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UruguayNow in the press
UruguayNow's mix of travel and tourist information on Uruguay, hotel reviews for Montevideo and Punta del Este (coming soon for Colonia), restaurant reviews and tips on excursions, sightseeing and lifestyle in Uruguay has been featured in El Pais, La Republica, MercoPress and on Uruguay's Channel 5 TV and other news media in the country. Internationally, we have had kind mentions in the New York Times and the Daily Telegraph.
Six of the best
Not yet made it to Uruguay? When you're done with UruguayNow, our choice of the top 6 internet resources for the country is just a mouse click away. In no particular order, they are:
Southern Cone Travel: http://southernconeguidebooks.blogspot.com/
Ola Uruguay: www.olauruguay.com
Retired in Uruguay: http://wallyinuruguay.blogspot.com/
Money Transfer Services for Relocation: http://sendmoneyaustralia.com
Uruguay Natural: www.uruguaynatural.com
Global Property Guide: http://www.globalpropertyguide.com/Latin-America/Uruguay
For reviews of these sites, please click here.
Other recommended links
Getting around Montevideo
The Old Town and the Centre (downtown) of Montevideo are compact enough to explore on foot. To get from either to the beach suburbs of Punta Carretas and Pocitos you will probably need transport: taxi or bus. Montevideo has no underground (subway).
Taxi: Good news! Montevideo’s taxi drivers are, in our opinion, honest and invariably helpful. Taxis are hailed in the street or picked up at a taxi rank. They use a meter that clocks up a number of units (fichas) which have to be converted into the fare you pay by consulting a fare chart, which is displayed in the back of each cab. Flag drop is $22 during the day (not Sundays) and $26 at night and all day Sundays and on Bank Holidays. The chart is shaded light pink on one side to show the Sunday and night-time fares. Taxi drivers are duty bound to take the shortest route, but depending on your destination may prefer to take the Rambla as it is often faster: they will ask you about this first. The average fare from the Centre to Pocitos is US$4 or US$5. Note that it is sometimes difficult to find a taxi in the Centre from about 4 pm to 7 pm weekdays. It can also be difficult to find one at Montevideo port (where the catamaran from Buenos Aires arrives). Note, too, that you’ll test the good humour of your driver if you had over a $1000 note and expect him to give you change.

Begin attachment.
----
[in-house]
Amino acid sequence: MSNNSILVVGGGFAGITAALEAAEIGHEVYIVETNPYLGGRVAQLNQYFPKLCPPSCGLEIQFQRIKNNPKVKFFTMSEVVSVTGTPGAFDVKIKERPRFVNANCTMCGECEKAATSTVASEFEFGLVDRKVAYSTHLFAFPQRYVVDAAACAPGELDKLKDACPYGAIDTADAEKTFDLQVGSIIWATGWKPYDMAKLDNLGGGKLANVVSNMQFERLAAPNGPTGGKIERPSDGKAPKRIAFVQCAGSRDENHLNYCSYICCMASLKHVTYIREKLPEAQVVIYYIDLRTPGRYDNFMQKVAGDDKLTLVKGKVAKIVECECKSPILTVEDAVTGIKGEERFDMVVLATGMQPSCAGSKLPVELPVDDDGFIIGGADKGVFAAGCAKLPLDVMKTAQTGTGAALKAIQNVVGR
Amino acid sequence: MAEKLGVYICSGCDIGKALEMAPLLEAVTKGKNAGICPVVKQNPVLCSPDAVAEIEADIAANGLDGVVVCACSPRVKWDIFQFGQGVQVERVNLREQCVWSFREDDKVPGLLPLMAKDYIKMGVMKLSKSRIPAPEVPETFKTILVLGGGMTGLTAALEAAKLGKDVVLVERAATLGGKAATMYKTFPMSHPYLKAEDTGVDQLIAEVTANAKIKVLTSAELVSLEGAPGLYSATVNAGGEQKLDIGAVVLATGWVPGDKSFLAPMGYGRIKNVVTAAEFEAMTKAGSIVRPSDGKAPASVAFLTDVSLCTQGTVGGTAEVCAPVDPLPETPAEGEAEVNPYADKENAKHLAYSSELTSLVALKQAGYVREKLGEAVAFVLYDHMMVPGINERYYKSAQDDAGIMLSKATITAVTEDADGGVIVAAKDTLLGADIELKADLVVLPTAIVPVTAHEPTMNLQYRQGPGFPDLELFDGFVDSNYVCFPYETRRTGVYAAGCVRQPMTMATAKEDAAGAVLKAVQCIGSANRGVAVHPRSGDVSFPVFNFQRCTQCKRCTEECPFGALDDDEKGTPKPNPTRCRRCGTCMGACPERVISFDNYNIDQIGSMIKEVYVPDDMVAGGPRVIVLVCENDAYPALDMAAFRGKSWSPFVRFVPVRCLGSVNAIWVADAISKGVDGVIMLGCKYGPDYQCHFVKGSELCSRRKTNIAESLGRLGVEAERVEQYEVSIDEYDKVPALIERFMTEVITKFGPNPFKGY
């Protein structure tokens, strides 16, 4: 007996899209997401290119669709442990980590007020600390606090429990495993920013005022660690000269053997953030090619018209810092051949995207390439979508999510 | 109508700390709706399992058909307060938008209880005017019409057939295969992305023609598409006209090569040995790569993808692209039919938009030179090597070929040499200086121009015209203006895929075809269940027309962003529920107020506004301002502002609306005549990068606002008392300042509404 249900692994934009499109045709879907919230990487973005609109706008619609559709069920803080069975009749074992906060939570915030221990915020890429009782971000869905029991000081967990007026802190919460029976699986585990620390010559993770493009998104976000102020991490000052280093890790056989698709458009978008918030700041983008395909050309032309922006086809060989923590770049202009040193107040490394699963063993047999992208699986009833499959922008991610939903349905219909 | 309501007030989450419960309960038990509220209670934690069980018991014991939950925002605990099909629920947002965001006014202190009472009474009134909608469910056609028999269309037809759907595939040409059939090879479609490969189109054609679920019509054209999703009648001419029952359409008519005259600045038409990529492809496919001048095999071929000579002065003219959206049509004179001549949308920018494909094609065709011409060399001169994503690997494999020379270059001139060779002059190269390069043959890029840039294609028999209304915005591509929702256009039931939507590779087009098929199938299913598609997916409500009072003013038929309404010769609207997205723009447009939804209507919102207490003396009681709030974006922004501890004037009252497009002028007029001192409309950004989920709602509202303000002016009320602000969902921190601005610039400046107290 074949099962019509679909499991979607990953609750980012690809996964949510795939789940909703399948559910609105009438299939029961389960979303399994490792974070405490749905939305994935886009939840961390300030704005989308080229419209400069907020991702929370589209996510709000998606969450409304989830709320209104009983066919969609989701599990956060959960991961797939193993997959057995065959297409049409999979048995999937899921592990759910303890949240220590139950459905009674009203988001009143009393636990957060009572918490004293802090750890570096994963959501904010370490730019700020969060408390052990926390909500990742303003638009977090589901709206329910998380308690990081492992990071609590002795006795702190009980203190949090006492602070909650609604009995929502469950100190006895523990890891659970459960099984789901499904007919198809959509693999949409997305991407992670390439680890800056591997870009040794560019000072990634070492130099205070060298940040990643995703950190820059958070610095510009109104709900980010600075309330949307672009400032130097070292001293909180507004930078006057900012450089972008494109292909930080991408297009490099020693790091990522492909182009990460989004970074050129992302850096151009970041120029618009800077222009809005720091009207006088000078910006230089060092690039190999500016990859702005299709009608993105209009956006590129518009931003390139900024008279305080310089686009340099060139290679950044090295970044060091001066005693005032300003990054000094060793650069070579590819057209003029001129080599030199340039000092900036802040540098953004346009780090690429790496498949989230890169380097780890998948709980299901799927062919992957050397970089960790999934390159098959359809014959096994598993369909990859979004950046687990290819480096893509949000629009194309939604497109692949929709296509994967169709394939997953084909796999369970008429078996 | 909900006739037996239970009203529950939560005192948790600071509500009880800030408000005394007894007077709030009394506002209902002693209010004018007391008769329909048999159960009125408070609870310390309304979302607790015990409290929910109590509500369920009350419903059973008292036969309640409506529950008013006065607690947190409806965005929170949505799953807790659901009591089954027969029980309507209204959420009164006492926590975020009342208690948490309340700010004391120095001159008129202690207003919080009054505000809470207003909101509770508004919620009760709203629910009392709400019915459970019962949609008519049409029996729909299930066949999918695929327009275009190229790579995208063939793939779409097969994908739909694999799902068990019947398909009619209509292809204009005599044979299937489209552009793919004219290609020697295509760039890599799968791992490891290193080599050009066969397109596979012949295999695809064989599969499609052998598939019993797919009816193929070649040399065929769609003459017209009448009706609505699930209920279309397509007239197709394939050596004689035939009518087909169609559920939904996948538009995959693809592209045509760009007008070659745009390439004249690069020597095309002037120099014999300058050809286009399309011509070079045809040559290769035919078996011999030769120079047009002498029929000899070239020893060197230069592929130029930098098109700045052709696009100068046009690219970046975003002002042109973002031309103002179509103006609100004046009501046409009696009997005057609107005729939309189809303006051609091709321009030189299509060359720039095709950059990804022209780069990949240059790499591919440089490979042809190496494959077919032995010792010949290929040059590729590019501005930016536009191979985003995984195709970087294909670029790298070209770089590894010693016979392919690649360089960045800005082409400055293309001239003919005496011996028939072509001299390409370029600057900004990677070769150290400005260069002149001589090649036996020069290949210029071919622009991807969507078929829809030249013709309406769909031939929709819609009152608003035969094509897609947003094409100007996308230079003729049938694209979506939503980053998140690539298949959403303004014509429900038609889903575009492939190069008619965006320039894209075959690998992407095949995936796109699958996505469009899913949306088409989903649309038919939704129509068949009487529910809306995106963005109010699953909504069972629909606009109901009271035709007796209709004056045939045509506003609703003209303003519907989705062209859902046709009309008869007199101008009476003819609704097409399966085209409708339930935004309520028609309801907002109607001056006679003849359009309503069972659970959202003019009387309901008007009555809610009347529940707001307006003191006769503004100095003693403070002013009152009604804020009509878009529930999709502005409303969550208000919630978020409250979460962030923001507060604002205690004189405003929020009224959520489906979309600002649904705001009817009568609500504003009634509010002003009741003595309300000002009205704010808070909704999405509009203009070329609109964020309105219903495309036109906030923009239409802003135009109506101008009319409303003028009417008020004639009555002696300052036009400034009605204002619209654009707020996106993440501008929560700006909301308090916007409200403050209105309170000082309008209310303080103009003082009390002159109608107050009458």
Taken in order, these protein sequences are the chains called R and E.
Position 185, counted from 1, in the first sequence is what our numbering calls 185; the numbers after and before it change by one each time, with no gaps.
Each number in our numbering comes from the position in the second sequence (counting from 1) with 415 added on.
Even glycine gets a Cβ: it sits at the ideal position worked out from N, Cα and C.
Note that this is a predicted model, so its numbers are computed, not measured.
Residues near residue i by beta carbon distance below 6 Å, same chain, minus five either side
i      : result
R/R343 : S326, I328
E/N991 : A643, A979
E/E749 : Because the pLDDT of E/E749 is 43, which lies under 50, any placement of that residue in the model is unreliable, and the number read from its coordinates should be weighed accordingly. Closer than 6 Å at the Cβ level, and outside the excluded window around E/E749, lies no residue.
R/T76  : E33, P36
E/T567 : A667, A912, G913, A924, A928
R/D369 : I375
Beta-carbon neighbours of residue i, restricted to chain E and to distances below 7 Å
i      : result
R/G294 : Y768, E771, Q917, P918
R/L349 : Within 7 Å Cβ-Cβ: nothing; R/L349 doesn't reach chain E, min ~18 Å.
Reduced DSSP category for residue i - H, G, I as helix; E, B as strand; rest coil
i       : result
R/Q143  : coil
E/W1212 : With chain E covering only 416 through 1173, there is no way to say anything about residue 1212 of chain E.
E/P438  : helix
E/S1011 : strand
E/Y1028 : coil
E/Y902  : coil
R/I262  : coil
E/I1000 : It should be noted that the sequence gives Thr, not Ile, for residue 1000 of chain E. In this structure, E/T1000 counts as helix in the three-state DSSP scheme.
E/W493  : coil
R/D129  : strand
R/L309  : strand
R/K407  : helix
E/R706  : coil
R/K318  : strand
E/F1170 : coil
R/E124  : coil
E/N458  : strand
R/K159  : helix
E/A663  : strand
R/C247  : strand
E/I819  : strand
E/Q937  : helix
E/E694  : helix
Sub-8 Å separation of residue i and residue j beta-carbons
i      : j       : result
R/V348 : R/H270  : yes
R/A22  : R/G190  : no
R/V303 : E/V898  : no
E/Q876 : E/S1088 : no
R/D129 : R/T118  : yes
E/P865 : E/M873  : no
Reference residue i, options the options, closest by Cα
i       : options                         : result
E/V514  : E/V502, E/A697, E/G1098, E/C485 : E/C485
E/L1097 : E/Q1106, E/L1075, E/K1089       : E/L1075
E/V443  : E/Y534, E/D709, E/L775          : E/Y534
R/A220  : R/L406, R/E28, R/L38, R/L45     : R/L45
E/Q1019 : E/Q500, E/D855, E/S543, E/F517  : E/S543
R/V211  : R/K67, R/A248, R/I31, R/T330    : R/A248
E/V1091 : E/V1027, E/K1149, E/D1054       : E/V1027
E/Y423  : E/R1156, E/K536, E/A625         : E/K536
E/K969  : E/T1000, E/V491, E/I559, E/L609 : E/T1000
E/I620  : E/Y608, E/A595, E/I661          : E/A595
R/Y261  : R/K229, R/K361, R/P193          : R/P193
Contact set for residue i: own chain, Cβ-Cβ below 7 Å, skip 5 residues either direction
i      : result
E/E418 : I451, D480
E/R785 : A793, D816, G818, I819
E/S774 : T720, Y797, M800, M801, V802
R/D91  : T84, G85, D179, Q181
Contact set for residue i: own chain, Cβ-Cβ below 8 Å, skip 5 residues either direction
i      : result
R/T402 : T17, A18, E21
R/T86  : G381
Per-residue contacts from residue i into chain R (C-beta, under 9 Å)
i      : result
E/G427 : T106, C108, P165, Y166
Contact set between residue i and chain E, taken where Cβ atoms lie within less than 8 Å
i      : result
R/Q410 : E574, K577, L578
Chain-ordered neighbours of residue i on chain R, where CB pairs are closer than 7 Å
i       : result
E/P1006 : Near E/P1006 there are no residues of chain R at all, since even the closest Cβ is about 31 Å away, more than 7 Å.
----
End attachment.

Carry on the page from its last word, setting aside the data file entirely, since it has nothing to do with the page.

Bus: Montevideo’s bus system is safe and cheap, if not particularly clean. Problem is, there are no maps of the system or timetables posted at stops. Taking a bus will often mean checking your route with a local; Montevideanos do this all the time. You pay the driver or conductor as you enter, always at the front of the bus. You do not need exact change (as in Buenos Aires) nor is there a turnstile to pass through (as in several Brazilian cities). Fares: short hop in the downtown district plus bus CA1 to Las Cruces long-distance coach terminal, $9; standard fare city-wide, $17; express bus, e.g. bus D1 to Carrasco, $21. The 121 bus route is useful and very frequent. It runs from the Old Town through the Centre to Pocitos (along Avenida Brasil) and then makes a right to Punta Carretas. There are no day passes or similar time-saving products on offer to visitors.